Nicholas Zoullas, Greek shipping magnate and art collector, disinherits his sons


It’s a big family drama about the Greek merchant navy.

Nicholas Zoullas, a Greek shipping magnate and art hoarder, disinherited two of his sons, one of whom accused him of stealing a $4million Monet, according to court records.

Zoullas, 84 – a globetrotting Upper East Side and Southampton man who was worth untold millions and bounced between New York and Switzerland – died Christmas week 2021, according to an obituary. He left behind five children from two marriages.

Zoullas ran his family shipping business, Norland Shipping & Trading Corp., and served on various committees and boards at Harvard, he and his sons’ alma mater, and the Metropolitan Museum of Art.

He bequeathed everything to his second wife, Susan Bates, according to his will filed in March in Manhattan Surrogate’s Court. The will does not provide for his first wife, Marianna Zoullas.

“After careful consideration and deliberation, I have decided not to give anything to my sons, ALEXIS ZOULLAS and SOPHOCLES ZOULLAS,” according to Zoullas’ will, signed in 2018. The couple were Zoullas’ sons from his first marriage. He has three children with Bates – according to the will, they are to be cared for by her.

Alexis Zoullas, right, and his brother Sophocle Zoullas testified that they had a fractured relationship with their father.
Patrick McMullan via Getty Images

Both sides of the family released duel obituaries in January – one of them omitting any mention of Bates and his children with Zoullas.

But Zoullas – whose wealth included real estate, art, private companies and securities – and Sophocles fell out in the early 2000s, when son left Norland and then went on his own, Sophocles said in a 2017 deposition. Nicolas was “upset” after the departure of Sophocles, Alexis stated in a 2017 affidavit.

The brothers – who went on to found Eagle Bulk Shipping Inc., now an $800million company – had a “fractured” or “difficult” relationship with their father, according to court documents.

They approached him at Alexis’ wedding in 2007 with concerns about their art, which was then in a family warehouse in Switzerland. He replied that “he felt there was no need to take any action since we were a family and he assured me that there would be no disputes that would jeopardize our works of art. “, according to court documents.

But Zoullas reportedly transferred the Monet to Naxos Art Inc., one of his cash-strapped British Virgin Islands companies for $900,000. Naxos quickly sold it to Christie’s for $3.9 million, according to court documents.

Sean Smith and Sophocle Zoullas
Sophocles Zoullas, right, was removed from the will, which was signed in 2018.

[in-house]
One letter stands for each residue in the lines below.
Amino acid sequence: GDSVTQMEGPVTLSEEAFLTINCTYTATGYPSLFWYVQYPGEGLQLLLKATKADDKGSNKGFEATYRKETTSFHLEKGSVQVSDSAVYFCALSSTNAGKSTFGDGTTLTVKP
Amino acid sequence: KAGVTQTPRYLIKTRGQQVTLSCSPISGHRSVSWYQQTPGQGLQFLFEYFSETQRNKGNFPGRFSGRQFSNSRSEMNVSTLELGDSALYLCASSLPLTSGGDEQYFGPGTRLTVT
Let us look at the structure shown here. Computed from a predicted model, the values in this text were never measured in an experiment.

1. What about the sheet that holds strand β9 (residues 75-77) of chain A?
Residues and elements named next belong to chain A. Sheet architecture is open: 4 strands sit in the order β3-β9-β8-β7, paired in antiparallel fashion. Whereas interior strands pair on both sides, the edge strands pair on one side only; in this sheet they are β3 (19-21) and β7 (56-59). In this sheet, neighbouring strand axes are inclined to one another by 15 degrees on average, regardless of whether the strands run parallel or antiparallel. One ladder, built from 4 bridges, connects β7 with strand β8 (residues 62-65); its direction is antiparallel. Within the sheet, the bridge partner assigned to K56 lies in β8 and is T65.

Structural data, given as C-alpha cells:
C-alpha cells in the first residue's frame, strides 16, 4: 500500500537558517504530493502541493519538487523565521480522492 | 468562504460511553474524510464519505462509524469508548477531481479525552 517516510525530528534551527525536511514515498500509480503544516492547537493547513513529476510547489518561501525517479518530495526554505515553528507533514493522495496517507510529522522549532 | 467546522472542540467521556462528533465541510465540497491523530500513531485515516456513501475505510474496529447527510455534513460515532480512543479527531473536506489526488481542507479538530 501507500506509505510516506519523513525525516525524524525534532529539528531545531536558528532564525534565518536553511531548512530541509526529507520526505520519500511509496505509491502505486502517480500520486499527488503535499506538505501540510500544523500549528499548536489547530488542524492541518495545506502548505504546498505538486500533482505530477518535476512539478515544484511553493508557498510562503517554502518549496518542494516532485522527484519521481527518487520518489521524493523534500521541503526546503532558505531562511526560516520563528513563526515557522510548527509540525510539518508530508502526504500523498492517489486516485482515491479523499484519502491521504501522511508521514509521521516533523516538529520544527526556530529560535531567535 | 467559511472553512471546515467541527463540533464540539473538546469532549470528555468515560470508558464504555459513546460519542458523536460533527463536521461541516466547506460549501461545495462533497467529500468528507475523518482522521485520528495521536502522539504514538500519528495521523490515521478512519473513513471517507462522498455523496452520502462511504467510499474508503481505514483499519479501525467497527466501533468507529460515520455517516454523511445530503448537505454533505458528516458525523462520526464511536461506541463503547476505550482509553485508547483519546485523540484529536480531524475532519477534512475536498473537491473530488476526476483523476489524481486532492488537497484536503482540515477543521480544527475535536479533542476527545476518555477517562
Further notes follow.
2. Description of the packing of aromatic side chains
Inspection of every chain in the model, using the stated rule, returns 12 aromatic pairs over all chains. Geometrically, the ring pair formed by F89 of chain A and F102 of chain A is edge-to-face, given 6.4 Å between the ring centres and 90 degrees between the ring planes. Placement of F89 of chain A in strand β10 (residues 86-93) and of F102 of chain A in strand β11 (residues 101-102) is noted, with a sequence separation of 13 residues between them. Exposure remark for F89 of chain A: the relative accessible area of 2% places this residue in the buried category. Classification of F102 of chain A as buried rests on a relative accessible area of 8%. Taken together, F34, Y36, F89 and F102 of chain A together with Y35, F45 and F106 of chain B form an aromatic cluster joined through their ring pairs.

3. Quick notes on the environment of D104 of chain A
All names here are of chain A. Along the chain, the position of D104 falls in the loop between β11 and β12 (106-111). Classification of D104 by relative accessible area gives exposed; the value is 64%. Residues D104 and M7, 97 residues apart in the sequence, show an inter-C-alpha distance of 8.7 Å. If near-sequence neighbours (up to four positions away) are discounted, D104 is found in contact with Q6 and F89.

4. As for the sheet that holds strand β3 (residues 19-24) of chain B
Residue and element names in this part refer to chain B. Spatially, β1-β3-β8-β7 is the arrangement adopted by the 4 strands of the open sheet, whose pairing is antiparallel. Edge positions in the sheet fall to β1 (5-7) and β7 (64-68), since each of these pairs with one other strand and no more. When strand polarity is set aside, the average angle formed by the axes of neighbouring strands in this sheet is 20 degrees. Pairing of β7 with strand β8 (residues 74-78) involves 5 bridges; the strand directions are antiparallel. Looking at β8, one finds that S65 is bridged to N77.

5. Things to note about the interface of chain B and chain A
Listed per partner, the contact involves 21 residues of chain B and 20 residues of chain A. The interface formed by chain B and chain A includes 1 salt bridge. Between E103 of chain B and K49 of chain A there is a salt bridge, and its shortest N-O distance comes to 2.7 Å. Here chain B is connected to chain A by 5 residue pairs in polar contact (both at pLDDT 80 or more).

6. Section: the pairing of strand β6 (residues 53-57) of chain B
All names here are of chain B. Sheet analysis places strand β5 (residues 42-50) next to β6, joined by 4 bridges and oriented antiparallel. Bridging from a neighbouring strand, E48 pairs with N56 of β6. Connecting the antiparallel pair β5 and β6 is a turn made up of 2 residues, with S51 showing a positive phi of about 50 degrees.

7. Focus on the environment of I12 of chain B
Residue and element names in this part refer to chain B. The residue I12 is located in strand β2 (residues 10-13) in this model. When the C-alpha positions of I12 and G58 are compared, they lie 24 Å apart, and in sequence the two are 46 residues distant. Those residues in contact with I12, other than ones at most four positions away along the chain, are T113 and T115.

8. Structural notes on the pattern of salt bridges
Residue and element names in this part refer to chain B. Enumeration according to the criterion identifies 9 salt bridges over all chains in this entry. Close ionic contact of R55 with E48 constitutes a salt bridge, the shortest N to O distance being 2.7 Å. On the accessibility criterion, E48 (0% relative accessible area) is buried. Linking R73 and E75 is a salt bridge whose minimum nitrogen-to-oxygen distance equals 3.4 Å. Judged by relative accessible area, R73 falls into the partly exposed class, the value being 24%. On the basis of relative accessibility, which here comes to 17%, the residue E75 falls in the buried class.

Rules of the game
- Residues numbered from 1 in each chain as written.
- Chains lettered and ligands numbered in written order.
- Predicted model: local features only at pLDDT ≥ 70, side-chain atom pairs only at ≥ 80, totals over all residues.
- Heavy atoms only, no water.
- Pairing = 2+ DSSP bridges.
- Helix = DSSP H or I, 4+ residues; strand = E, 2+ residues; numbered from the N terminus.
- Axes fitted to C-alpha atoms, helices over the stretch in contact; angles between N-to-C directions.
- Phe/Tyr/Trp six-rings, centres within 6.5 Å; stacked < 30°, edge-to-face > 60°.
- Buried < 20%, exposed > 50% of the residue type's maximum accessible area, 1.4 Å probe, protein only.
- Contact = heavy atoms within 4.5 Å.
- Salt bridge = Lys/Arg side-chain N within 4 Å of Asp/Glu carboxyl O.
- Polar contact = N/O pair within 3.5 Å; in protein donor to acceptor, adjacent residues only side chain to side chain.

Patrick McMullan via Getty Images

The painting – “Holy Address” — is now in the collection of the National Gallery of Art.

Sophocles alleged in state court that her grandfather, Sophocles N. Zoullas of Lausanne, Switzerland, bought her the painting as a gift in 1995.

“Dare I say I was his favorite grandson,” Sophocles said in the deposition.

Alexis also alleged that her father fled with less valuable works in storage. Both cases have been settled.

Zoullas lived with Bates in a $4.3 million penthouse at the white-gloved Knickerbocker on East 72nd St, records show. The family also owns four properties in Southampton through various limited liability companies with a total market value of $24.6 million.

Alexis Zoullas
Alexis Zoullas and Chris Cuomo attend the John Varvatos Madison Avenue Grand Opening on April 3, 2014 in New York City.
Getty Images for John Varvatos

The flap over the Monet wasn’t the last time Zoullas got tangled up in court over art.

In 2016, he accused a mistress of stealing his $15 million “erotic art” collection, which he stored with her near Palm Beach, alternating currentvsorder from W Magazine.

The family descends from Panagiotis Pantaleon, a legendary 19th century Greek shipowner.

Sophocles Zoullas
Dueling obituaries were posted for the father in January.
Paul Bruinooge/Patrick McMullan

In a joint statement, Sophocles and Alexis Zoullas said: “We mourn the loss of our father who lived an amazing and complicated life. Although we respect and love him, we disagree with many of the his choices, especially those he made later in life when he was sadly in decline.

Zoullas’ estate attorney did not return a message. Bates did not return a message.


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